I started writing this morning and what came out was so depressing, even I couldn’t read it. So I scrapped it. Sometimes The Dark Side beckons me. It makes me feel clever to be cynical. But it’s wrong. Cynicism serves no constructive purpose, other than the occasional perverse chuckle.
I was raised in an era when cynicism – which passed for realism – was the norm of our parents. And why not? They had grown up in the Great Depression. They had experienced the horror of World War II. My father had been a soldier in Germany and had been a P.O.W. He came back emaciated and disillusioned. My mother had grown up so poor that the Welfare people threatened to take her and her sisters away from my grandparents.
So both my parents had good reason to want to lavish their children generously with all that money could buy. My father worked about 80 hours a week and made his unofficial work playing gin rummy with the Big Boys for high stakes. He was shrewd and lucky. My mom was like a kid in a candy shop. Finally, after a childhood and adolescence of deprivation she could indulge in beautiful clothing, luxurious surroundings, and even give back to the community through tireless charity work. We, their children, were the beneficiaries of their desire to see us live their childhood dreams. We were given piano lessons, dance lessons, theater and art training, golf lessons, swimming lessons, and all of us went to “good schools”. I have absolutely no reason to complain about any of it.
But there was a dark undercurrent just below the surface. My parents were of the mind that, basically, the world is filled with liars, cheats, con men, and phonies. Nobody and nothing was to be trusted. My sisters and I were routinely warned from a tender age not to trust boys. When I expressed interest in the performing arts, I was admonished not to fall victim to the “casting couch”. While the Founding Fathers and the Constitution were revered, the Government was seen as a necessary evil that, while it protected us, also could turn on us. The mythology had it that the Big Corporations were out to crush the “little man”. Even religion was suspect.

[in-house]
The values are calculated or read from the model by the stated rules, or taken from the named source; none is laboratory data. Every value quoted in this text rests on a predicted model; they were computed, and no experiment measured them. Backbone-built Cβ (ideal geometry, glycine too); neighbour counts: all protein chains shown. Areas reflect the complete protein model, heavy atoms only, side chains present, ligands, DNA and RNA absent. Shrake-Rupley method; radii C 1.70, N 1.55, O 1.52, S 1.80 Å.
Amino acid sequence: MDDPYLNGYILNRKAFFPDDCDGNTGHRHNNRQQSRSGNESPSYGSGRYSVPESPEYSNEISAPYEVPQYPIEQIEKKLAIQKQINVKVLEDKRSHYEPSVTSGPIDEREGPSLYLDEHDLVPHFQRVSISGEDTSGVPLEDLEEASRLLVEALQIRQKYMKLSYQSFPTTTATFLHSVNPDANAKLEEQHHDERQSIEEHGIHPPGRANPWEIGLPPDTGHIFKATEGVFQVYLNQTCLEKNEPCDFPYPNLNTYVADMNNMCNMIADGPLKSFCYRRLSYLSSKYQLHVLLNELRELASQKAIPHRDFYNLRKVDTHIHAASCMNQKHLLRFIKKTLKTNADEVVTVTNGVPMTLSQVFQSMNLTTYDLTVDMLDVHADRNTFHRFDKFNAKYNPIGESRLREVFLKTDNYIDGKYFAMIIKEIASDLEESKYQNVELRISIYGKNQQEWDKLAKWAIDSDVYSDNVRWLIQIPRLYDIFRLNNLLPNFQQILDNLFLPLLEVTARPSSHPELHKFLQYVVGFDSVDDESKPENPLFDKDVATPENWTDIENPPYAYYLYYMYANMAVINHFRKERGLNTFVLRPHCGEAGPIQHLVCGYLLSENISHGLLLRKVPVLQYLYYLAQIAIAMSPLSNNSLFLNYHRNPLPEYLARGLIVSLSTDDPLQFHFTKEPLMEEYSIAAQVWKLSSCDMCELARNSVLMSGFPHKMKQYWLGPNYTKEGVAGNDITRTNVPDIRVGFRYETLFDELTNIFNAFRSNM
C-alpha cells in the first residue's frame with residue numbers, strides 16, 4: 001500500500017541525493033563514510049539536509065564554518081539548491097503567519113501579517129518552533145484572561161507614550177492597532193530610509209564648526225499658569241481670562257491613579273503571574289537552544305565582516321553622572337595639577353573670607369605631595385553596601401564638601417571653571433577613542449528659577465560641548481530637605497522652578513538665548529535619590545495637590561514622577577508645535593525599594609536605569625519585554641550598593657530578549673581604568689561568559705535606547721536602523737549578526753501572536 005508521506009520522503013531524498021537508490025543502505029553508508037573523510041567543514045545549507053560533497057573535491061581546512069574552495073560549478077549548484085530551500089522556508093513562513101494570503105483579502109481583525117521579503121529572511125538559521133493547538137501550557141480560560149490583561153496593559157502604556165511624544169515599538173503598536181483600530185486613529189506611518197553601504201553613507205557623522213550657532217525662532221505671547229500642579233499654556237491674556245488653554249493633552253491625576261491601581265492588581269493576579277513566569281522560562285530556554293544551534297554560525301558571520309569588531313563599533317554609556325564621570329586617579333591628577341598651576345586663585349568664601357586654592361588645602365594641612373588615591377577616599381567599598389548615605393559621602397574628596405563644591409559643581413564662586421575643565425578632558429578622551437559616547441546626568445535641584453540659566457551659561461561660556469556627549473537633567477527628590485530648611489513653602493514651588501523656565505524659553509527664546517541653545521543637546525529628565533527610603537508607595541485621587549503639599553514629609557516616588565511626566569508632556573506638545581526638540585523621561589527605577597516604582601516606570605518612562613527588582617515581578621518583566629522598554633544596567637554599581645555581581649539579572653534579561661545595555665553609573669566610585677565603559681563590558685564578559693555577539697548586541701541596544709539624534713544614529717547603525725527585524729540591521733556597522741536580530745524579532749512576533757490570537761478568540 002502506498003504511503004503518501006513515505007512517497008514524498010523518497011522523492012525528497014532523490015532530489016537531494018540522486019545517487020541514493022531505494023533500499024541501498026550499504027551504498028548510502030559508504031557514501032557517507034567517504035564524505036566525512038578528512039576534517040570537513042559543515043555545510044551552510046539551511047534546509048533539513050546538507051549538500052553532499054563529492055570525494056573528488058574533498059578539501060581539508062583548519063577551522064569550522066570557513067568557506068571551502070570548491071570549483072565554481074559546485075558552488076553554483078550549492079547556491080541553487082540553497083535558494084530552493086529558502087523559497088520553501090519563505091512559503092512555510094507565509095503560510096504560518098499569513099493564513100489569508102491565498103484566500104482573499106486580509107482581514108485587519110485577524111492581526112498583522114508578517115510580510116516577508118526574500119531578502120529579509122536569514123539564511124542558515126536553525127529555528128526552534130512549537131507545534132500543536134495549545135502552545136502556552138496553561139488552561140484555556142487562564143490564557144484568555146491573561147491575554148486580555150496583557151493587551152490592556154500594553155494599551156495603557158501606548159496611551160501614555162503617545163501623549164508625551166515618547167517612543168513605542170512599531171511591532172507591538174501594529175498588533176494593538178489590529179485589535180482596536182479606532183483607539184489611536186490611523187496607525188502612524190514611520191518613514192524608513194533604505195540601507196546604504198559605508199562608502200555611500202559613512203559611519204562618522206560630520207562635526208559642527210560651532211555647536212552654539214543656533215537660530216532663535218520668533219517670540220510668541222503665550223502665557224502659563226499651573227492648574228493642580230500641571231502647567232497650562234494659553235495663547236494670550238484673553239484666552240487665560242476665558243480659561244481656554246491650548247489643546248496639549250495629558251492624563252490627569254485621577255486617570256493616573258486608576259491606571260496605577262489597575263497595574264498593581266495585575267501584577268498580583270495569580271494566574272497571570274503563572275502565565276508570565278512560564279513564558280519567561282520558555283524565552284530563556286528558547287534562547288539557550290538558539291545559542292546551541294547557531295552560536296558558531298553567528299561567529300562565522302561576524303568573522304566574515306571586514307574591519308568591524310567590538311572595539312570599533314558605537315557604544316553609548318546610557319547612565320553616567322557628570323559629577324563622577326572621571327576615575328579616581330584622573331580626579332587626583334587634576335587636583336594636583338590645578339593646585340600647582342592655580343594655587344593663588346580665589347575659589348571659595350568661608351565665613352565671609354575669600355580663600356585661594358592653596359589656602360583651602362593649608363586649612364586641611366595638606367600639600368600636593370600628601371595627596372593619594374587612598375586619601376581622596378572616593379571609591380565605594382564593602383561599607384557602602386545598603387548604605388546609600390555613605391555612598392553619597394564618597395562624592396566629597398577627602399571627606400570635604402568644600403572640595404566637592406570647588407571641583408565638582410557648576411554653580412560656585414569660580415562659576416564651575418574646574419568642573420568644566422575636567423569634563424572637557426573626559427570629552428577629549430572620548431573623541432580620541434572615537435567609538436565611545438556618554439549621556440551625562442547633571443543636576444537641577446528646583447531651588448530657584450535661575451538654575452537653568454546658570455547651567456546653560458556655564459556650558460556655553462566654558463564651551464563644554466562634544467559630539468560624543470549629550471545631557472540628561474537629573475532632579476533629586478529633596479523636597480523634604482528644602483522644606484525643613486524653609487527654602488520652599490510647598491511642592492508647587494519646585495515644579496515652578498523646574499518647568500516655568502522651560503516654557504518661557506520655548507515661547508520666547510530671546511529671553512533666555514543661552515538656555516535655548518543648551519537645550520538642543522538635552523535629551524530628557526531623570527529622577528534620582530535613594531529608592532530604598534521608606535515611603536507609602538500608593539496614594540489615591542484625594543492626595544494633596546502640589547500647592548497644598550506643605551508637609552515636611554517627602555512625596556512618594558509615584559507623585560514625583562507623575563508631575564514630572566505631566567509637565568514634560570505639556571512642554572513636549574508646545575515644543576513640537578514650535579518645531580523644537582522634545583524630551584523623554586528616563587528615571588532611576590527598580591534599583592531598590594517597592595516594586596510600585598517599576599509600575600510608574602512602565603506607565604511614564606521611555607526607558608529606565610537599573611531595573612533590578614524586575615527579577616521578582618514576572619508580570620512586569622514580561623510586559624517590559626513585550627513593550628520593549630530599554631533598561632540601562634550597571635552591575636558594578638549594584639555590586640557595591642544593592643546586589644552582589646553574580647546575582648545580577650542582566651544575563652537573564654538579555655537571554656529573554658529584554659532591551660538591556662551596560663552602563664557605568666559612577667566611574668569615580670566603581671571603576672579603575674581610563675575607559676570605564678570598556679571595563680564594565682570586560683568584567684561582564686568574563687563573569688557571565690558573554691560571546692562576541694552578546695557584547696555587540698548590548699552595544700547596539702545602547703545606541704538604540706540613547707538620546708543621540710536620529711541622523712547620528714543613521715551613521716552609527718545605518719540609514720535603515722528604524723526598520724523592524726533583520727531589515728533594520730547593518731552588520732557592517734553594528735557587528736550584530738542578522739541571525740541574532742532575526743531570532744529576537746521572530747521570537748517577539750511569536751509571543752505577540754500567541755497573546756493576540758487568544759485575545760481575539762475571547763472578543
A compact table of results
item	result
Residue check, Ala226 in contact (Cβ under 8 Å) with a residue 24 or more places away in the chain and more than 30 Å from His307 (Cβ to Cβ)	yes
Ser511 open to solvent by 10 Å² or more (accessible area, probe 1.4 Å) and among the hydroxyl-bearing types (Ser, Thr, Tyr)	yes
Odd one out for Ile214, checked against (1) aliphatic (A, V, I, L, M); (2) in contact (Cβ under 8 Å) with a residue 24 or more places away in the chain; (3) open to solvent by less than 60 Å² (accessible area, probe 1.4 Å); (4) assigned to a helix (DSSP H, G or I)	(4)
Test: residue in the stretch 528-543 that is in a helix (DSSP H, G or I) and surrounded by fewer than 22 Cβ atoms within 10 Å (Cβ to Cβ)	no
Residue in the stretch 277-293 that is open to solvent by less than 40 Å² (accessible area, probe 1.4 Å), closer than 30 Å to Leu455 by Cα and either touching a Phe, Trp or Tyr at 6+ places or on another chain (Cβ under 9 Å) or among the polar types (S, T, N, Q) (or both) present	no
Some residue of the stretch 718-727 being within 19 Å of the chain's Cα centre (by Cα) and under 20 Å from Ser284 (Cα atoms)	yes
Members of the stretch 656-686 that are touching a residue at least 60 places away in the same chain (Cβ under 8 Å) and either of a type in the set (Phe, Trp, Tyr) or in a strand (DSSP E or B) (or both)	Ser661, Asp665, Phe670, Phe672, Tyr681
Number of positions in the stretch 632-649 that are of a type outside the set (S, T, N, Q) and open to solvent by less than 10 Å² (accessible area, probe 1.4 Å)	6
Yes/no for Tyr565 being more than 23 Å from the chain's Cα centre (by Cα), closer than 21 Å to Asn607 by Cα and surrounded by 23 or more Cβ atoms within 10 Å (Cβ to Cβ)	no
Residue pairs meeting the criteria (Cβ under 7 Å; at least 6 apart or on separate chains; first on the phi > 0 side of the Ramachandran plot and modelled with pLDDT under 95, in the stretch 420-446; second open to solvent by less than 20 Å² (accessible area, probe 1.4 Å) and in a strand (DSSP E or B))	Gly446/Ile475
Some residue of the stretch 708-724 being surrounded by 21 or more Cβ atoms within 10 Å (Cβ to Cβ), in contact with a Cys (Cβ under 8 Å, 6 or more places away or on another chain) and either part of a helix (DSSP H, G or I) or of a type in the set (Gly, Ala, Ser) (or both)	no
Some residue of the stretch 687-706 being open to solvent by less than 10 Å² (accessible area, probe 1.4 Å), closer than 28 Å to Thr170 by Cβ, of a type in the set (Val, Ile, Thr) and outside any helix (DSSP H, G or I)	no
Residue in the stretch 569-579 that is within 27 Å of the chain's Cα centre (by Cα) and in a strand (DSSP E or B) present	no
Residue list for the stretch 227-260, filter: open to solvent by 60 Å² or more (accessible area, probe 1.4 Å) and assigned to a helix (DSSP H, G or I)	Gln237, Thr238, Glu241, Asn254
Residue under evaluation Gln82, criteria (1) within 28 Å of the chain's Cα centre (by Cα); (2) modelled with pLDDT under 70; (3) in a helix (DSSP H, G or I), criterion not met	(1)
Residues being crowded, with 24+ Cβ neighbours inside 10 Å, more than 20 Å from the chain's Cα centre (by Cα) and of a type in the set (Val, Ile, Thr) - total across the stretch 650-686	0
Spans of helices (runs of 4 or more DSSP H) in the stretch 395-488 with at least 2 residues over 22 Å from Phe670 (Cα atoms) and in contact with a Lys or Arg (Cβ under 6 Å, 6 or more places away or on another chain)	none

Maybe if my parents were to read all this they would protest that I was mistaken; that they hadn’t felt that way at all. I can only tell you what came through to me. Psychological truth need not be literally true in order to have its effect.
And so it’s not surprising that I struggle with the question of trust. I want to trust that, as Anne Frank observed in her diary, “People are really good at heart”. But my early childhood conditioning is at odds with that statement. When Bush won this last election (let’s not talk about the election before this one) I couldn’t help but be suspicious. Art pointed out that three million votes are hard to fake. He’s right. But Art is, as he says, “the infernal optimist”.
I’m writing about all this because I don’t think I’m alone. When I talk to friends and relatives of the Baby Boomer generation, they have the same kinds of feelings. We can all remember the sensation of being surrounded by a Dark Cloud growing up. The twin ghosts of The Great Depression and World War II have become the dark lens through which we often see the world. And when bad things happen, as they inevitably do – When the Big Box Stores crush the Mom-and-Pop stores, when Enron makes off with billions of dollars, when spouses cheat, when doctors fake credentials, when priests abuse children – all that mistrust gets reinforced. It takes tremendous will and faith to remind ourselves that these are only the headlines. What really counts are the stories that never make the papers; the honest businessmen, the faithful and devoted spouses, the dedicated doctors, the devoted clergy.
It all makes me wonder. What ghosts will we pass on to our own children?
© 2004 Robin Munson